搜尋
美容

The nearest I ever came to a downright

by hunghda 中國12 月前

No, I never did. I always trusted to my strong arm apartments for rent , and I do not believe in pistols. There were some Southern men whose blood was hot and who got very much excited in debate, and I used myself to get excited, but I never resorted to any such extremity as the use of pistols.

The nearest I ever came to a downright row was with Mr. William Pinkney. Mr. Pinkney was the acknowledged head and leader of the American bar. He was the great practitioner at Washington when I was admitted to practice in the courts there. I found Mr. Pinkney by universal concession the very head of the bar—a lawyer of extraordinary accomplishments and withal a very wonderful man. But with all that there was something about him that was very small. He did things that one would hardly think it possible that a gentleman of his breeding and culture and great weight as a lawyer could do.

He was a very vain man. One saw it in every motion he made RFID solutions . When he came into court he was dressed in the very extreme of fashion—almost like a dandy. He would wear into the court-room his white gloves that had been put on fresh that morning and that he never put on again. He usually rode from his house to the Capitol on horseback, and his overalls were taken off and given to his servant who attended him. Pinkney showed in his whole appearance that he considered himself the great man of that arena, and that he expected deference to be paid to him as the acknowledged leader of the bar. He had a great many satellites—men of course much less eminent than himself at the bar—who flattered him, and employed him to take their briefs and argue their cases, they doing the work and he receiving the greatest share of the pay. That was the position that Mr. Pinkney occupied when I entered the bar at Washington.

I was a lawyer who had my living to get, and I felt that although I should not argue my cases as well as he could, still, if my clients employed me they should have the best ability I had to give them, and I should do the work myself. I did not propose to practice law in the Supreme Court by proxy. I think that in some pretty important cases I had Mr. Pinkney rather expected that I should fall into the current of his admirers and share my fees with him. This I utterly refused to do.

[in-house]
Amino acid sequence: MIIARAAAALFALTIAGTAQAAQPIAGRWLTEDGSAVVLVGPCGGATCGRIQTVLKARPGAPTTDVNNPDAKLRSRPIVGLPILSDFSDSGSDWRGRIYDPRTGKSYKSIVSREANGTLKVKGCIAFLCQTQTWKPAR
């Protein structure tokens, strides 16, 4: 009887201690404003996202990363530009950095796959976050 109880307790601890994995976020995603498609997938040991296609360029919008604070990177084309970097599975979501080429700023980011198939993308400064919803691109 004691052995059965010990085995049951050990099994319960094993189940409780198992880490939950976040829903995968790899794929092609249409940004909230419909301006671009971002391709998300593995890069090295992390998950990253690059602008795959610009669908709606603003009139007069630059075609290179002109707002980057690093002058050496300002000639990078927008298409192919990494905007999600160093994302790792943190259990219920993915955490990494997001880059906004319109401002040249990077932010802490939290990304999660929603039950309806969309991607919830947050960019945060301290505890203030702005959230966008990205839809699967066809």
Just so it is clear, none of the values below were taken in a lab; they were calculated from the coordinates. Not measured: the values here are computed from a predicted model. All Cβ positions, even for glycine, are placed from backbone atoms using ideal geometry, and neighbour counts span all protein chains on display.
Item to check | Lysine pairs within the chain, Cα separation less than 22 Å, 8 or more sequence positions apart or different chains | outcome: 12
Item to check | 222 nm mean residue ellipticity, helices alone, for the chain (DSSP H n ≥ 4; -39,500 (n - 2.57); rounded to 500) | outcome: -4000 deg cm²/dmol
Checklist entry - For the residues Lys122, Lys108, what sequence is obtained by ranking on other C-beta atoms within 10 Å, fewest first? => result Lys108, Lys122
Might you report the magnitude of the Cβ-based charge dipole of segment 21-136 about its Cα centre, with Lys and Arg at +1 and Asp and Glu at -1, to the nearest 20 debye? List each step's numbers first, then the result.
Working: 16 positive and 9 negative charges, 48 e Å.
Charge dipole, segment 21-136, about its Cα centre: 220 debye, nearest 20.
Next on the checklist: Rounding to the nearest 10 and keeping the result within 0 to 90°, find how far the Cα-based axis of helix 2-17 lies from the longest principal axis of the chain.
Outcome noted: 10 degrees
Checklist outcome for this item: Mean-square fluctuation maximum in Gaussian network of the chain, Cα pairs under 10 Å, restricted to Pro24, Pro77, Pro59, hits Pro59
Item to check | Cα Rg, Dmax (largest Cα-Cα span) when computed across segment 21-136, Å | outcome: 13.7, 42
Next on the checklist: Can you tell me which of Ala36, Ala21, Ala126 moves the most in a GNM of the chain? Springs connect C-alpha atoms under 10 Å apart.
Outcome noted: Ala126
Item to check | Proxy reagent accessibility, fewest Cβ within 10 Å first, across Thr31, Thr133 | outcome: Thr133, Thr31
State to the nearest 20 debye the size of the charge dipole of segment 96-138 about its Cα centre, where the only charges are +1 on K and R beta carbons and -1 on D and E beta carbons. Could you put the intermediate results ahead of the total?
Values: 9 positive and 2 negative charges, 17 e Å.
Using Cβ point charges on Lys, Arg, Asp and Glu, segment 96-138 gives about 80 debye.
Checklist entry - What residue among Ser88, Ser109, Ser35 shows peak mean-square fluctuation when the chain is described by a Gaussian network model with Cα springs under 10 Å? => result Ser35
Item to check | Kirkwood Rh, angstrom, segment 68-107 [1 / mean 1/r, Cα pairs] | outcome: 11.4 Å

In some important case (I have forgotten what the case was) Mr. Pinkney was employed to argue it against me. I was going to argue it for my client myself. I had felt that on several occasions his manner was, to say the least, very annoying and aggravating. My intercourse with him, so far as I had any, was always marked with great courtesy and deference. I regarded him as the leader of the American bar; he had that reputation and justly. He was a very great lawyer. On the occasion to which I refer, in some colloquial discussion upon various minor points of the case he treated me with contempt. He pooh-poohed, as much as to say it was not worth while to argue a point that I did not know anything about, that I was no lawyer. I think he spoke of ‘the gentleman from New Hampshire.’ At any rate, it was a thing that everybody in the court-house, including the judges, could not fail to observe. Chief Justice Marshall himself was pained by it. It was very hard for me to restrain my temper and keep cool, but I did so, knowing in what presence I stood. I think he construed my apparent humility into a want of what he would call spirit in resisting, and as a sort of acquiescence in his rule.

However the incident passed, the case was not finished when the hour for adjournment came, and the court adjourned until the next morning.

Mr. Pinkney took his whip and gloves, threw his cloak over his arm, and began to saunter away.

I went up to him and said very calmly VPET , ‘Can I see you alone in one of the lobbies?’

名稱
電郵
留言
SalaD blog 發掘你的日誌,讓好 Blog 感染好生活